Then take the detail in the creative strategy/creative brief, and ask exactly how are we expecting to achieve it? For example, what’s the key way we’re trying to enhance the brand relationship? Among which people (demographics, attitudinal groups, user groups, primary and secondary targets)? What are the key ways in which the advertising execution is achieving its effect?  And which aspects of the execution are tasked with doing this?

The framework should articulate ‘How the creative will do this?’ for each of the key questions mentioned above or whatever relevant points beyond these it covers.  This then enables the researcher to better understand what effects they should expect to see if the creative is working according to the framework. And if it’s not working according to the framework, how best to explore the creative in order to optimise the work.

Should You Be Building Confidence In Your Brand Rather Than Trying To Win Back Trust?

July 22, 2019

Much of the work I do is in the financial service industry, and as such ‘trust’ or ‘winning back trust’ has been a hot topic for some time now, for all the obvious reasons not least of all the outcomes of the Banking Royal Commission here in Australia.

However, the issue of trust is not limited to just the financial services industry. It seems consumers and people in general have dealt with an ever-increasing amount of disappointment in businesses and organisations in which they once placed their trust. Can consumers ever trust their politicians, banks, or clergy in the same way they once did? And if not, what should your brand be doing about it?

Trust is important because consumers trust that their experiences will be positive, and that their time and money are worth the return. Can your brand truly deliver on this? If not, you need to consider that your customer may never trust you in the same way they once did or that to ‘win back their’ trust will take more time than a typical marketing cycle or two and decide what else you might need to be doing.

Start by ensuring your audience has ‘confidence’ that the brand will deliver the basics of what is expected in the relevant category

I have done a lot of research that looks at brand trust for a myriad of brands and one keen observation I have made is that, as consumers level of trust in brands diminishes, this is replaced by something more akin to confidence. They may sound like the same thing but there is an important difference between what the two ladder to.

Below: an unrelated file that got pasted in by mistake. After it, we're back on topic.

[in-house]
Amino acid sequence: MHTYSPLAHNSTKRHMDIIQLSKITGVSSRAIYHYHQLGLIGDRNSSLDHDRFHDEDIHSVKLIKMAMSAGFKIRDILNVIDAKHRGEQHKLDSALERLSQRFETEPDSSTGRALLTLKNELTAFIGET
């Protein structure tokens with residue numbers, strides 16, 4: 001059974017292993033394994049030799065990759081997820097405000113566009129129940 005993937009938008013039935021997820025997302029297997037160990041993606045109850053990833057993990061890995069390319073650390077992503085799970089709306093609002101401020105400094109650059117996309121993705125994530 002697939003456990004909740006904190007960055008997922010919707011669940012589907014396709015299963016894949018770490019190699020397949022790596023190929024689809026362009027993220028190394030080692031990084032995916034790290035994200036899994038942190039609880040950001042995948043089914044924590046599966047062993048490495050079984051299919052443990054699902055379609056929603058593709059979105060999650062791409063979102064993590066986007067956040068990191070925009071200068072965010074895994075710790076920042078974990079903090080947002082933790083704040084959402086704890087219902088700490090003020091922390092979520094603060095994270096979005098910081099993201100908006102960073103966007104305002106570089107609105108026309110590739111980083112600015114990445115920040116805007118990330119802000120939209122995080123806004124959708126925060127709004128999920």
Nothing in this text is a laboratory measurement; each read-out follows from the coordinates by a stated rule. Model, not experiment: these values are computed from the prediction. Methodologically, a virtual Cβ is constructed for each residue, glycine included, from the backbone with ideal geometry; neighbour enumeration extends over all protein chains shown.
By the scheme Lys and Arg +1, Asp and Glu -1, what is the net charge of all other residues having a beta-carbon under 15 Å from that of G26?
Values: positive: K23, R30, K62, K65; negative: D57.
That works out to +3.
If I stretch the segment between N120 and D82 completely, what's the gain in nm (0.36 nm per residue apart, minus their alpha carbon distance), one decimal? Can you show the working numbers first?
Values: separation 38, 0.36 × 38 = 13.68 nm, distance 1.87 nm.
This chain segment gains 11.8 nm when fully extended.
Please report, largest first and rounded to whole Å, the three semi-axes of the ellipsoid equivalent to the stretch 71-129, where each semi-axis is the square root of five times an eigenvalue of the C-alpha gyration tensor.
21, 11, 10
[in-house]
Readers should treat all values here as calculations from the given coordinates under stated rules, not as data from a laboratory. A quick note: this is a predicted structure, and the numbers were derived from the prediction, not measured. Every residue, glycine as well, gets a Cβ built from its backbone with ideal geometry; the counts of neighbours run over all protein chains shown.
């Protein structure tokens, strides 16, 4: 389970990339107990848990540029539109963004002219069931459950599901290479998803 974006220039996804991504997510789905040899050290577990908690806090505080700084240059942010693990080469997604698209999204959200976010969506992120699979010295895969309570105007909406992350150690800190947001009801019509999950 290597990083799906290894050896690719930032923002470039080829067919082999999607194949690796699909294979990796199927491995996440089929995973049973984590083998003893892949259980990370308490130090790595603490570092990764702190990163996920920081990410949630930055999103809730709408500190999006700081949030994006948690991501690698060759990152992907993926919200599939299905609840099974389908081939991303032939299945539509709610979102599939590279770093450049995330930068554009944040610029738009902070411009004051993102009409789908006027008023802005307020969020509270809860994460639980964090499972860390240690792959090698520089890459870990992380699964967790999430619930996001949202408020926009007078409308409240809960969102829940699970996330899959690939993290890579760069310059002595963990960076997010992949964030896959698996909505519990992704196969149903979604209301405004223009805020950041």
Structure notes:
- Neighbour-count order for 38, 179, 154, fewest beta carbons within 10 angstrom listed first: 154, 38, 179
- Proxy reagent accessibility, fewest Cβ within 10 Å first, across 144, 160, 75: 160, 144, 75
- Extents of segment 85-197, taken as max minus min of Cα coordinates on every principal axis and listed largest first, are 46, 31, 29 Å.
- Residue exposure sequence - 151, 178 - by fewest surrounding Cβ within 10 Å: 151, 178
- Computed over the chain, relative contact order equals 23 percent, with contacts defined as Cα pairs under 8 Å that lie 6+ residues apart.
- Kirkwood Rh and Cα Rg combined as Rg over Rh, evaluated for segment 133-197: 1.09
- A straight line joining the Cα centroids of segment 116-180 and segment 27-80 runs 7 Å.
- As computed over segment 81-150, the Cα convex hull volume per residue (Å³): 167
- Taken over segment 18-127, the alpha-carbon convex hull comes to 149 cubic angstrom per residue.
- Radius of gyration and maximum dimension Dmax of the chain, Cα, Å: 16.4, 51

As consumers fail to trust in a brand exceeding their expectations they start to place more importance on having the ‘confidence’ in a brand delivering to their basic needs or wants from it’s products or services. 

Consumers don’t always expect to have to ‘trust’ a brand anyone, so they are increasingly seeking out brands that give them a feeling of ‘confidence’. Either confidence in their own choices or confidence in the brand to deliver on what it says it will – nothing more nothing less than this. 

One might suggest that trust is being relegated to a lower role and confidence is being elevated to a higher one when it comes to brand choice. Relationships with brands based on confidence may feel more comfortable than those based on trust.

If we take financial services as an example, we see trust levels in the Big 4 have certainly deteriorated. However, what consumer say and what they do are two very different things. This is evident in that the four major banks’ domination of the Australian banking market has not shifted over the past decade. They account for around three-quarters of deposits and assets and a larger share of home loans. They have averaged about 80% market share over the same period.

Interestingly, as levels of ‘trust’ have declined the level of consideration for the Big 4 among consumers when looking for new products has stayed consistent. As mentioned, as a researcher I am seeing brand confidence increase in importance in the finical services sector – as in, people placing more emphasis on organisations “getting the basics” right rather than trying to ‘win back their trust’ by over promising in big ads and under delivering at the coal face. I would suggest that the consequences of loss of confidence will far outweigh any loss of trust. Loss of trust may lead to avoidance of your brand, but loss of confidence will surly result in a withdrawal from your brand. 

I am not saying that Australian consumers don’t care about ‘trust’, and this thought piece is meant to stimulate debate on the matter not present a final argument.

Don’t stop being angry about Australia’s lack of legal protections for press freedom and whistle-blowers

June 23, 2019

I know it was a few weeks ago now that the federal police raided the ABC offices and the home of Annika Smethurst, a journalist at the Sunday Telegraph. However, where has all that anger gone? Lost in the news cycle and drowned out no doubt by what Trump might have been saying in his latest tweets. The recent protest in Hong Kong have got me thinking about just how placid we really are here in Australia. We get all outraged in the moment, then move on to the next thing without really protesting or preventing things that might ultimately be undermining the liberal democracy we hold so dear.